All NSAIDs and COX-ll inhibitors can have effects on the kidney, particularly at high doses, which increase the risk of fluid retention, high blood pressure and (rarely) heart failure in at-risk patients. In people with CKD the chronic use of NSAIDs may be associated with progression of kidney disease; acute use is associated with a reversible decrease in GFR. These drugs may rarely precipitate renal failure; the risk of renal failure is highest in those with existing renal impairment. Contributing factors include current administration of ACE inhibitors, ARBs and diuretics.

NSAIDs and COX-II inhibitors should be used in the lowest effective dose for the shortest possible duration in all patients.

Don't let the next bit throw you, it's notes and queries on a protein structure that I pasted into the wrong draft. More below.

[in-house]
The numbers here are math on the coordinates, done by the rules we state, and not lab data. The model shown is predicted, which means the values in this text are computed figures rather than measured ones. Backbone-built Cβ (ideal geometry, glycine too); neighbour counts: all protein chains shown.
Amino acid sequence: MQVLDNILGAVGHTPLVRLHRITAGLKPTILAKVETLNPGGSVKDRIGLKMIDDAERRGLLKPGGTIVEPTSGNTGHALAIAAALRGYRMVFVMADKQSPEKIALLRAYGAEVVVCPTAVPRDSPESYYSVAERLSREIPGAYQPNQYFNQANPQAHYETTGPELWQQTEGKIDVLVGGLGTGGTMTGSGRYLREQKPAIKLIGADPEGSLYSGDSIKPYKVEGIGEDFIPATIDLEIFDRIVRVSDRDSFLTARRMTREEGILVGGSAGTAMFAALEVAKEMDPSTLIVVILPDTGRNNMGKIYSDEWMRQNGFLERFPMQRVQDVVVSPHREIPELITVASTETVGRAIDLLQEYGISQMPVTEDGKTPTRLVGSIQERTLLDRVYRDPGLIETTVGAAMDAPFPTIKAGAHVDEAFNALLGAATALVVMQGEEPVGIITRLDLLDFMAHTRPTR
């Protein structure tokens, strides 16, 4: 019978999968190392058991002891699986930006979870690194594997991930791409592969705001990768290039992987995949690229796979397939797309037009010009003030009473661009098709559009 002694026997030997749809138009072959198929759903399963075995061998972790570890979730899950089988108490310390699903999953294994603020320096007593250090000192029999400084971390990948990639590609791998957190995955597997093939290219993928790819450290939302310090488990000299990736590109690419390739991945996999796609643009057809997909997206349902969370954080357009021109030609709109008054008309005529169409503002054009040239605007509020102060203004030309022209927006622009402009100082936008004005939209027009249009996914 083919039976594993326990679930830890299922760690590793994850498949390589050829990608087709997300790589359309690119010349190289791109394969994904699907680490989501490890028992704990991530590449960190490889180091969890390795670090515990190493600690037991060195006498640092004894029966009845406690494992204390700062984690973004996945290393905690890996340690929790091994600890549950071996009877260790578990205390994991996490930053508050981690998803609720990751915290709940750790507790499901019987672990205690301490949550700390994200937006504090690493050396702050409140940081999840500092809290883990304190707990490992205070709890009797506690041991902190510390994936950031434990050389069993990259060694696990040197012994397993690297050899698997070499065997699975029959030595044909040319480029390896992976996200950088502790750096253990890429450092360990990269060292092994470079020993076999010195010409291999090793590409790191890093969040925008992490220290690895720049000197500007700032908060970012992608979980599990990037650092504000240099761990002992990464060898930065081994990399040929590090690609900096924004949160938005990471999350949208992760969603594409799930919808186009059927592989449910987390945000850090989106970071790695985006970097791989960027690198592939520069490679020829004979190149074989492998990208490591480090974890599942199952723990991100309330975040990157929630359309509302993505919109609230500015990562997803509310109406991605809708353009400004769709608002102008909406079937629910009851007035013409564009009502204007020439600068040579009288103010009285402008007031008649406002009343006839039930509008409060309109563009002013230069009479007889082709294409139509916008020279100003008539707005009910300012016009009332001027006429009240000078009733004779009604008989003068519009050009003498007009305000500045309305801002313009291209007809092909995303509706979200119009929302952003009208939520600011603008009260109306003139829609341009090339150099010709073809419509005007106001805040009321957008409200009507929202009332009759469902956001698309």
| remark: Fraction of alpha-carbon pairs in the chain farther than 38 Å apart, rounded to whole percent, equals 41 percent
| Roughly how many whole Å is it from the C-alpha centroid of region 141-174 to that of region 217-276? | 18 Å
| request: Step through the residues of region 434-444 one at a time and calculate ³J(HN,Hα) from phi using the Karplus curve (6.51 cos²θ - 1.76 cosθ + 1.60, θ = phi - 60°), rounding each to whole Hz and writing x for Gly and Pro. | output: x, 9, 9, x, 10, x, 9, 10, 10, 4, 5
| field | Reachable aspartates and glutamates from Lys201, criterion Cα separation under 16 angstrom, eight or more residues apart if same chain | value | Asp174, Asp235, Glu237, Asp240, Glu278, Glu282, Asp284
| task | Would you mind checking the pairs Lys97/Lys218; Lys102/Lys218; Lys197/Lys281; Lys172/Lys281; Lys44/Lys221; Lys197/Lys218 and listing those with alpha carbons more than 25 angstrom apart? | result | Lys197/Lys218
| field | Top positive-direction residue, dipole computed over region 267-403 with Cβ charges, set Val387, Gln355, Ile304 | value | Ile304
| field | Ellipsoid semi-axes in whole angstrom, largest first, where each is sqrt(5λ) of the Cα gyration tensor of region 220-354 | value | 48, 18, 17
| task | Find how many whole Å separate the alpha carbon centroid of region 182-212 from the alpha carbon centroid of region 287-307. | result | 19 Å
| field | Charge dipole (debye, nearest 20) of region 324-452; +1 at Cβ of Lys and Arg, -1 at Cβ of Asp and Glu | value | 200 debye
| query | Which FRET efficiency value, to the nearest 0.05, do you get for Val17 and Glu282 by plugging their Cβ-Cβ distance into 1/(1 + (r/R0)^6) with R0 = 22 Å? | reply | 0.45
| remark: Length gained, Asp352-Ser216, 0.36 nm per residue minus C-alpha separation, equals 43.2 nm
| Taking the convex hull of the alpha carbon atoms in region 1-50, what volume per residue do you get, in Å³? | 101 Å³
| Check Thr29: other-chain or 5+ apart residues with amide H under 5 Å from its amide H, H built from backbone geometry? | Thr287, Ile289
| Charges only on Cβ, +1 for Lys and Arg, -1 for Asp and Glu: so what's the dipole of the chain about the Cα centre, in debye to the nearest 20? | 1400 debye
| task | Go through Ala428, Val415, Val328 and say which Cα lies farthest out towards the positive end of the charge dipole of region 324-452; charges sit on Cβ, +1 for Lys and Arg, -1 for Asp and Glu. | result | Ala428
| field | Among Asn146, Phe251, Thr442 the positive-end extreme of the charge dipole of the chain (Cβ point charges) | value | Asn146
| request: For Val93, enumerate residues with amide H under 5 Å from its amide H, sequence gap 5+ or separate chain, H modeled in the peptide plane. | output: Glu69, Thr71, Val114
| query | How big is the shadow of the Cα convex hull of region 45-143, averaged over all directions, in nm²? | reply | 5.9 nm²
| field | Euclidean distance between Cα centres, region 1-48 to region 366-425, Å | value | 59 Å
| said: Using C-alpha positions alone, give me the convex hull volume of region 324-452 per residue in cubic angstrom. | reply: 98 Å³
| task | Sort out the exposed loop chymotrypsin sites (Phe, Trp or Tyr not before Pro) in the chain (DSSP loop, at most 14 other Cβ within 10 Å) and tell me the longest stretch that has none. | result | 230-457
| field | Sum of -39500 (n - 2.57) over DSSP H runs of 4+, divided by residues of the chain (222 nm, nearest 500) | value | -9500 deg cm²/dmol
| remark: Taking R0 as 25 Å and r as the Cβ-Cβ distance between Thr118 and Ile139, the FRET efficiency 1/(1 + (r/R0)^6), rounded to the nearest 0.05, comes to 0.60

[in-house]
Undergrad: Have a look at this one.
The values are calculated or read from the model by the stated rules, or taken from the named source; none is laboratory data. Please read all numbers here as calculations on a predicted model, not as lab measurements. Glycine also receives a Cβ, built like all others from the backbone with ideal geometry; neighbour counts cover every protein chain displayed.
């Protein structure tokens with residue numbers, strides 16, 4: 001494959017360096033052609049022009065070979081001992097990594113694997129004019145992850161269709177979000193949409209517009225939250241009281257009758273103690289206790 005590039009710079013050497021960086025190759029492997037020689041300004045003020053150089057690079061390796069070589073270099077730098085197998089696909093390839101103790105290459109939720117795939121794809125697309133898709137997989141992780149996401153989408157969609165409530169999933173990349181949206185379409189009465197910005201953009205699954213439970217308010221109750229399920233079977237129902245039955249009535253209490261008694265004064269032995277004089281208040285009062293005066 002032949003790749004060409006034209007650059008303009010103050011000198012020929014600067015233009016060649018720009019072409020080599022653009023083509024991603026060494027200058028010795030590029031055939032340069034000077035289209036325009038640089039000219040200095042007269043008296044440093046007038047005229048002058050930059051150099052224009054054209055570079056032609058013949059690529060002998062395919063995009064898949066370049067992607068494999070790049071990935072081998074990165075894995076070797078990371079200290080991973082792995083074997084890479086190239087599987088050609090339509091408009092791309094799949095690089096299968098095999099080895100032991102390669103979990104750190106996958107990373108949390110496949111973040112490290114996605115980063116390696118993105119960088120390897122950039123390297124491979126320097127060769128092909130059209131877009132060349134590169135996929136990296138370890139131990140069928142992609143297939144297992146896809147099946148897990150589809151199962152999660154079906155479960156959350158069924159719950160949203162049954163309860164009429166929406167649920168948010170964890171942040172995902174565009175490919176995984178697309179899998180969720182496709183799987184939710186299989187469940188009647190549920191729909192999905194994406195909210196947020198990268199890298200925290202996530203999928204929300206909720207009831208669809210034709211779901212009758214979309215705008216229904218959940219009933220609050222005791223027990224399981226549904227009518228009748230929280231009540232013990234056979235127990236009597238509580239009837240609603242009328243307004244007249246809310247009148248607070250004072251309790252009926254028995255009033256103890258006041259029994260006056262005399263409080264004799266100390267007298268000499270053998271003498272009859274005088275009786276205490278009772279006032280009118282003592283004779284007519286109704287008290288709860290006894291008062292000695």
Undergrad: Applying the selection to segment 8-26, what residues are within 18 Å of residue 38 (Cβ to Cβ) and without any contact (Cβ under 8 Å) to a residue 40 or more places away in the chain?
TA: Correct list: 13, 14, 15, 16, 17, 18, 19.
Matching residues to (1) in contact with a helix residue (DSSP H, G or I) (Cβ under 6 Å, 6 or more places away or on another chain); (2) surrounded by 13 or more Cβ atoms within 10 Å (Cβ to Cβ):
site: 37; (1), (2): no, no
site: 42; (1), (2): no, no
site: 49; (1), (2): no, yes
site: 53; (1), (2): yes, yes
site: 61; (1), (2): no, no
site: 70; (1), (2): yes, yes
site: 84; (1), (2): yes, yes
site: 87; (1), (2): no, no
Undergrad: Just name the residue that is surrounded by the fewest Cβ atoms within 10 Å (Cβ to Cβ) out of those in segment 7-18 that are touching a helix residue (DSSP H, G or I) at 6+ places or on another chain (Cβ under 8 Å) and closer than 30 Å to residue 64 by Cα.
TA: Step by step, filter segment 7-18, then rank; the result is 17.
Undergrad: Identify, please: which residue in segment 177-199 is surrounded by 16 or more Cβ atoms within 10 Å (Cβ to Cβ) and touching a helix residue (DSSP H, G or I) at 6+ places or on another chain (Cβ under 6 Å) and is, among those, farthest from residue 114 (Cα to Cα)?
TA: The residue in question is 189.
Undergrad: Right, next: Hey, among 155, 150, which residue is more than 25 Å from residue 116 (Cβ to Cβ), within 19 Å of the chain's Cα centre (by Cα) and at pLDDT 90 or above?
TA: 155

• NSAIDs or COX II inhibitors should be avoided if possible in patients who have renal impairment and/or patients taking ACE inhibitors or ARBs.
  • If these drugs are clinically essential in patients with renal impairment or those taking concomitant ACE inhibitors or ARBs, monitor renal function every week until the patient stops the drug or shows stability in renal function, in which case monitoring may become less frequent.
  • Annual monitoring is recommended for patients without renal disease who take NSAIDs or COX II inhibitors on a continuous basis.

Patients taking NSAIDs and COX-ll inhibitors who develop diarrhoea and vomiting are at increased risk of becoming dehydrated leading to renal problems. At risk patients may be advised to stop their NSAIDs or COX-ll inhibitors if they become unwell.

3 Steps to NSAID Prescribing